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Landing Power ON


learner_driver
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Interesting one Simon,

Lambourn during a strong wind day a while ago; I had been kiting my wing but the 34 had become a bit of a handful so I stopped and watched proceedings - as you do.. The boys were launching from the brow of a hill and the wind was just a little on the high side. The undershoot was not a good place to end up with rough ground and trees beckoning the unwary. After several made an approach with power off it was obvious that it was turbulent and making headway on the approach against the wind was becoming challenging.

Francis had got airborne earlier and approached (flying my mighty Macro) with power on to land just a few yards away from me. He maintained penetration into wind using power to respond to gusts. After touchdown, he again used power to ensure he was not thrown backwards off balance. When stabilized, he shut down the motor and turned around. It was a very tidy arrival, completely controlled and it demonstrated beautifully the value of matching your techniques and power management to the prevailing conditions.

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I come from the PG arena. Hence I would always want to land power off.

Please state if you feel there are good reasons to land power on. Other than if you fluff it you can go round again.

I would say that in the early stages there are very good reasons to always land with power off from a good height (500feet). Particularly if you are a paraglidist you will then be totally in your element landing at your designated spot having made your carefully planned gliding approach. This not only hones your existing skills but enables you to practise "power outage" landings when going xc by always having a field in sight that you can glide into and with an approach plan formulating should you lose your power (standard procedure for all single engine aircarft) and another good argument to always climb above 500 feet for your flying.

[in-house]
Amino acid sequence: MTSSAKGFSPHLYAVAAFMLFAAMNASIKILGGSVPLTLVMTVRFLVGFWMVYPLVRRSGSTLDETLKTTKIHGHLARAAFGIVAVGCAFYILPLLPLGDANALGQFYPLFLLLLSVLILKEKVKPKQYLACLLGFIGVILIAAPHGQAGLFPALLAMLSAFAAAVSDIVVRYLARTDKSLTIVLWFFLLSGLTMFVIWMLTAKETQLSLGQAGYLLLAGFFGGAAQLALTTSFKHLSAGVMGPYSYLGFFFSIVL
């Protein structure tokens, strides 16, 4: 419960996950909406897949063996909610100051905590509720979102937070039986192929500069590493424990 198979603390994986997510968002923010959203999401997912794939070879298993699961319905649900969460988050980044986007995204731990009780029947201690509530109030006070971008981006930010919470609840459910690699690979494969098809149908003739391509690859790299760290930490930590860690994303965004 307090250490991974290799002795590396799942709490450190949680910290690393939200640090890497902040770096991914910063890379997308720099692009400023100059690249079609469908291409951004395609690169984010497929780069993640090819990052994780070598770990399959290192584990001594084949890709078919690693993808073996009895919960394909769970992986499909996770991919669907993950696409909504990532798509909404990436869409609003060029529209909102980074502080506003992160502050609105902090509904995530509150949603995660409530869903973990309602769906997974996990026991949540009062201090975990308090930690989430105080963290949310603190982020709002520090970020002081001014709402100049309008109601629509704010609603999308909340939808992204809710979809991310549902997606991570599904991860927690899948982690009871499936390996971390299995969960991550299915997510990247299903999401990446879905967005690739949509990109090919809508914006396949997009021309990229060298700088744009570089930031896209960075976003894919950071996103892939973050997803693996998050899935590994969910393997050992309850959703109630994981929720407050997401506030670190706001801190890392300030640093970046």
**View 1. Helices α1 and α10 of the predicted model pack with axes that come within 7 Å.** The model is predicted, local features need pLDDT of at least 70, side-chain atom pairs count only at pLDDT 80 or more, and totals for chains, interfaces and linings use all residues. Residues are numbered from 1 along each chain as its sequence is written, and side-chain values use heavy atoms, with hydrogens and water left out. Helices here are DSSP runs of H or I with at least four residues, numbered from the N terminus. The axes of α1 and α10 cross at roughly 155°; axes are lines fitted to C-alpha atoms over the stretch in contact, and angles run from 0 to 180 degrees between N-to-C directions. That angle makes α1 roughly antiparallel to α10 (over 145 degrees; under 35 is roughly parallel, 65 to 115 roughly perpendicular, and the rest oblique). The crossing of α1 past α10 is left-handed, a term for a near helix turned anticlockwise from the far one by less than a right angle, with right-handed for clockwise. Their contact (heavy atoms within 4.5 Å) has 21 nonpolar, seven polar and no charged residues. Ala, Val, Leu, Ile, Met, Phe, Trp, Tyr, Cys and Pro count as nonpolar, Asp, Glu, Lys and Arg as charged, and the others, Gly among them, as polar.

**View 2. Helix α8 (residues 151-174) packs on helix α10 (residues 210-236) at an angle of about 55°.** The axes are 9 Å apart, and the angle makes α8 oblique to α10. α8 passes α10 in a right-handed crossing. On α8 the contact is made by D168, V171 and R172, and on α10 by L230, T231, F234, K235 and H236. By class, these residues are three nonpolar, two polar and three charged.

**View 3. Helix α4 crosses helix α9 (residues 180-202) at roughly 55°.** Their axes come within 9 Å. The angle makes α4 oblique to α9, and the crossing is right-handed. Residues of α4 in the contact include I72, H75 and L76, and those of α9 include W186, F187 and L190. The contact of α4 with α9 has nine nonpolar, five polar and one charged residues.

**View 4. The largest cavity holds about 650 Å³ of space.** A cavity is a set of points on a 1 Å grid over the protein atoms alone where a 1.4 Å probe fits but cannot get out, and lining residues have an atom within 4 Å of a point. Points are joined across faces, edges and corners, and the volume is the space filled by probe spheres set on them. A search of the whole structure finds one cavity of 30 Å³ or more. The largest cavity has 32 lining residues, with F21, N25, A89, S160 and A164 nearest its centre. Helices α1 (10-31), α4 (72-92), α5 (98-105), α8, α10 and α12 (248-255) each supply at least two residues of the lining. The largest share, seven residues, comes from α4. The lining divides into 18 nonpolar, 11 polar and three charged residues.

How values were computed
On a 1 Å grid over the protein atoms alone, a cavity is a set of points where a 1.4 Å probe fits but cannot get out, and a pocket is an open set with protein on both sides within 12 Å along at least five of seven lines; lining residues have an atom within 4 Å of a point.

I would say that power on landings are an advanced skill that you will start to acquire with hours in the log. Norman describes a particularly frisky day when most pilots would be thinking its time the pubs were open. I was using the conditions to experiment with a new motor and wing combination, (try before you buy).

The throttle must always be considered to be a pitch control and not a speed control. The speed is controlled by the brakes and the tabs and speed bar. The throttle controls pitch. So on a blustery day you can remain pitch stable by matching throttle position to wind speed changes. Norman will be familiar with landing in very gusty conditions and wind sheer, constantly changing thrust as the hundreds of tons of aluminium try to stay up in the froth at 25 feet and not spill our coffee on touch down!

You will find your glide steeper on a paramotor than a paraglider and in very light conditions or when dropping down through a wind sheer just before touchdown you may find your arrival quite swift! and often you would be thinking about a PLF on touch down in those conditions on a paraglider. Using some thrust all the way to the ground makes your approach shallower and gives you the ability to level off and "round out" as you flare. But this again is for later on once you are completely comfortable with spot landings from 500 feet in my opinion.

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